Hotmail Users Have A Weapon Against Spam
Hotmail, the most popular free Web-based e-mail service, has become a top target of spammers. Its users are subjected to unsolicited messages offering everything from cut-rate mortgages to used printer cartridges to hard-core porn.
San Francisco-based Brightmail's technology aims to kill spam before it ever reaches a user's in-box. Using Brightmail's Probe Network, a grouping of over 200 million e-mail addresses, Brightmail tries to lure spam. After its software identifies the spam, it then goes for the kill, filtering the unsolicited messages as they reach the SMTP gateway. Brightmail said its software catches about 90 percent of junk-mail messages.
"Unsolicited junk e-mail is a global problem the affects not just Hotmail users, but e-mail users everywhere," Rick Holzli, general manager of MSN Hotmail, said in a statement.
MSN said Brightmail's anti-spam technology would be put to use later this fall.
In April 2001, Brightmail signed a deal to deploy anti-spam software as an option for MSN's 5 million e-mail users.
The Brightmail alliance is the second enlistee MSN has signed up this month in its war against Hotmail spam. Two weeks ago, McAfee announced its SpamKiller software, which costs $39.95, was compatible with Hotmail. A further option will be Microsoft's MSN 8 service, which will offer enhanced spam controls, along with a bevy of other add-on services. Microsoft is slated to release MSN 8 in the next few weeks.
Hotmail relies on self-service tools that attempt to filter junk mail, with mixed success. Hotmail users can choose their level of filtering, up to exclusive, which only allows e-mail messages from addresses in a user's contact list.
"Microsoft selected us because you have to scale and we proved we can do that," Brightmail CEO Enrique Salem told Internet News, " and second is accuracy. Accuracy is key."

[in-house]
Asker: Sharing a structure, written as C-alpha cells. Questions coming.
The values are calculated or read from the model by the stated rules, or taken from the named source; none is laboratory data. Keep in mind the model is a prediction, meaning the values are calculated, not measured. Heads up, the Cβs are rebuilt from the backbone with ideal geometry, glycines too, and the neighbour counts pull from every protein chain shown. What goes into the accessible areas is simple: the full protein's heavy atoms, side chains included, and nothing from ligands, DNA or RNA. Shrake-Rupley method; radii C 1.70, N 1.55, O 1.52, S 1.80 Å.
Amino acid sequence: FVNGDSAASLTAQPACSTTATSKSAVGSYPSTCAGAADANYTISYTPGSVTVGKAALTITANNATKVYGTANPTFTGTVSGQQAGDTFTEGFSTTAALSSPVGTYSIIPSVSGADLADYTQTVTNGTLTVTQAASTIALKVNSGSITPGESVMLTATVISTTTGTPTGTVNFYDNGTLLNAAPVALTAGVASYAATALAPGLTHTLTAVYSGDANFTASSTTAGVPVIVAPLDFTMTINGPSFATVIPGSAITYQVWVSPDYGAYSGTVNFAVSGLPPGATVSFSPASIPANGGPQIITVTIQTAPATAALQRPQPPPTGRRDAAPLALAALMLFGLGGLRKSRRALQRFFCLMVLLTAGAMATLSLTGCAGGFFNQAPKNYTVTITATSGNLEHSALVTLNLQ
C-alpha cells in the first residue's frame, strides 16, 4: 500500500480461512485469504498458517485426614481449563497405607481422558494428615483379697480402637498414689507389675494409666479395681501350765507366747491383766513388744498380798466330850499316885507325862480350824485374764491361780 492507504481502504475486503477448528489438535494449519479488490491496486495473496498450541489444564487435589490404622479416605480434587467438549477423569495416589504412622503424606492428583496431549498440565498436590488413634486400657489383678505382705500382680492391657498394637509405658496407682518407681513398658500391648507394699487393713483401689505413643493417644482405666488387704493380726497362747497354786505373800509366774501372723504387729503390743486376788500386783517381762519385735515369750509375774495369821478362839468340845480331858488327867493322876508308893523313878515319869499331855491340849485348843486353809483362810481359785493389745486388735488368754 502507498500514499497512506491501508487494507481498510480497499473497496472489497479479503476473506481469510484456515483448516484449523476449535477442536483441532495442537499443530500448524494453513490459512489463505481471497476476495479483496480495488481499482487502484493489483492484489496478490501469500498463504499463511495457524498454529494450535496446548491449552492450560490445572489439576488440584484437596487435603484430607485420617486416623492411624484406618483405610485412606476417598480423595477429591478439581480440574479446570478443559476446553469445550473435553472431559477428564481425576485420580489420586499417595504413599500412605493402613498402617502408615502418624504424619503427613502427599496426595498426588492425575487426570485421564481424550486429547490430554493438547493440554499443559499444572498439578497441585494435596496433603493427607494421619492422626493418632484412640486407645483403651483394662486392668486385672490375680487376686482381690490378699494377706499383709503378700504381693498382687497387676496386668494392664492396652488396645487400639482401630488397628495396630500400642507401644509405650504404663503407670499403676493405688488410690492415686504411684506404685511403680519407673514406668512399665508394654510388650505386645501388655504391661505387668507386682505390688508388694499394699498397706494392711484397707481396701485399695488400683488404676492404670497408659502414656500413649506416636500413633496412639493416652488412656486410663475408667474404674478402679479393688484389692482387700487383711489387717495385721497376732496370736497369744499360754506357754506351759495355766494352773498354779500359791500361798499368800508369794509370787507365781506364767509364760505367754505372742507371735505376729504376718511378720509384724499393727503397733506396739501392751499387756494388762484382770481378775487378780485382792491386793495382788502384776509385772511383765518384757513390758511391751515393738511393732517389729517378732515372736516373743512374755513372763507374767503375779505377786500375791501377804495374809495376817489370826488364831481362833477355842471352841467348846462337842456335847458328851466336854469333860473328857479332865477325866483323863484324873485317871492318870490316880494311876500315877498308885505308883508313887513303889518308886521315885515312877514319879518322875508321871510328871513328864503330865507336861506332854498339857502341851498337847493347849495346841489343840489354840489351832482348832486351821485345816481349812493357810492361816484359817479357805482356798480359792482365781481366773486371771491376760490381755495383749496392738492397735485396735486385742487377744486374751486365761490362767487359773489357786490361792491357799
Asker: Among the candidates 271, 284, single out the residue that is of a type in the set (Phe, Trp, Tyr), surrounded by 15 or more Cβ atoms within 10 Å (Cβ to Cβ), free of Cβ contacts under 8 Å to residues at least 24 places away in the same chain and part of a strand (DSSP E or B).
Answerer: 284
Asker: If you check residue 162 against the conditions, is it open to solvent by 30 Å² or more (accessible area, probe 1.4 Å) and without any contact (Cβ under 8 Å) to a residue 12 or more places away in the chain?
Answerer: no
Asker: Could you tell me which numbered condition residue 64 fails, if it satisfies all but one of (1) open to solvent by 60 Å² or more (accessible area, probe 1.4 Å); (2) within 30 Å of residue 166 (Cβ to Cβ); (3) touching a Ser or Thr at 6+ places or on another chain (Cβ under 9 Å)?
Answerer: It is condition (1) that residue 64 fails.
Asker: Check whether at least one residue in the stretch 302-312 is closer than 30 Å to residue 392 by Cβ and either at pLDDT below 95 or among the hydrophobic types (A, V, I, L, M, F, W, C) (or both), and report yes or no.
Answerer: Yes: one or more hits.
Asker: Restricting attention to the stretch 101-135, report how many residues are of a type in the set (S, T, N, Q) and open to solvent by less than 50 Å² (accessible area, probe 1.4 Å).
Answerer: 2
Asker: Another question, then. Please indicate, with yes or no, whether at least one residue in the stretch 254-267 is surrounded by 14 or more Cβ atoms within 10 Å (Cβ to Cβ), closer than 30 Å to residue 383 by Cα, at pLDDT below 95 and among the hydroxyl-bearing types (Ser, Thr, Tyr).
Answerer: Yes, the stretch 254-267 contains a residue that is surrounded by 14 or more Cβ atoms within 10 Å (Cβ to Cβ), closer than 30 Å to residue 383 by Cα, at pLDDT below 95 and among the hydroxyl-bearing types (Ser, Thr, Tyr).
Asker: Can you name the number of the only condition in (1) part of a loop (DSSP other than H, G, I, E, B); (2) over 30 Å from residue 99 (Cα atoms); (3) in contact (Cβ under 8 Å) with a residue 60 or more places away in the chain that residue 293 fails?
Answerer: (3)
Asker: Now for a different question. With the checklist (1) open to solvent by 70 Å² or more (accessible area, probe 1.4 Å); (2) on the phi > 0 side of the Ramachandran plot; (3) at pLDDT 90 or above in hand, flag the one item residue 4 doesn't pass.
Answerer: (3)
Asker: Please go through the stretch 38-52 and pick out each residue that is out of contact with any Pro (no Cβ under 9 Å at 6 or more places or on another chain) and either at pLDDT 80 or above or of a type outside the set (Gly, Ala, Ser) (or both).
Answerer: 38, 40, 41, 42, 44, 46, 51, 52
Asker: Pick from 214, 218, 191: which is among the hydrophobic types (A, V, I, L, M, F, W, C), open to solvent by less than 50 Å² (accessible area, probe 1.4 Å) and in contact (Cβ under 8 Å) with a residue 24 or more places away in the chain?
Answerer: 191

Salem said too many spam filters take out messages that are not actually junk mail. Brightmail's false-positive rate, however, is just one per 100,000, he said.
Once an annoyance, spam has become a menace on the Internet, as evidenced by the crippling blow spammers dealt AT&T's WorldNet in February.
In July, Brightmail reported that 36 percent of the 2.3 billion messages that went through its deployed software was spam, up from 8 percent a year ago. Junk mail has become a major problem for businesses, as spam eats up bandwidth, storage space, and employee productivity.
Consumer groups recently called for the federal authorities to become more involved in the war on spam, as a growing portion of it is for scams, including the notorious and ubiquitous Nigerian letter scam and its imitators. The Internet Fraud Complaint Center estimates Americans were bilked out of $17.8 million through online fraud last year.
With e-mail address lists plentiful and cheap, spam is likely to only grow worse. Mail-Abuse Prevention Systems, an anti-spam organization, estimates the number of unsolicited e-mail rose as much as 700 percent between April and June compared to the same period a year earlier.
According to researcher Gartner Group, only 5 percent of enterprises will block 90 percent of the malicious e-mails sent to their e-mail addresses.
Brightmail, along with anti-spam software startups like IronPort and Cloudmark, has sought to capitalize on growing worries over the costs of spam. The company boasts deals with six of the top ten Internet service providers to deploy its software.
Financial details of the Hotmail deal were not announced, but Brightmail traditionally charges by the number of e-mail boxes it protects rather than a licensing agreement.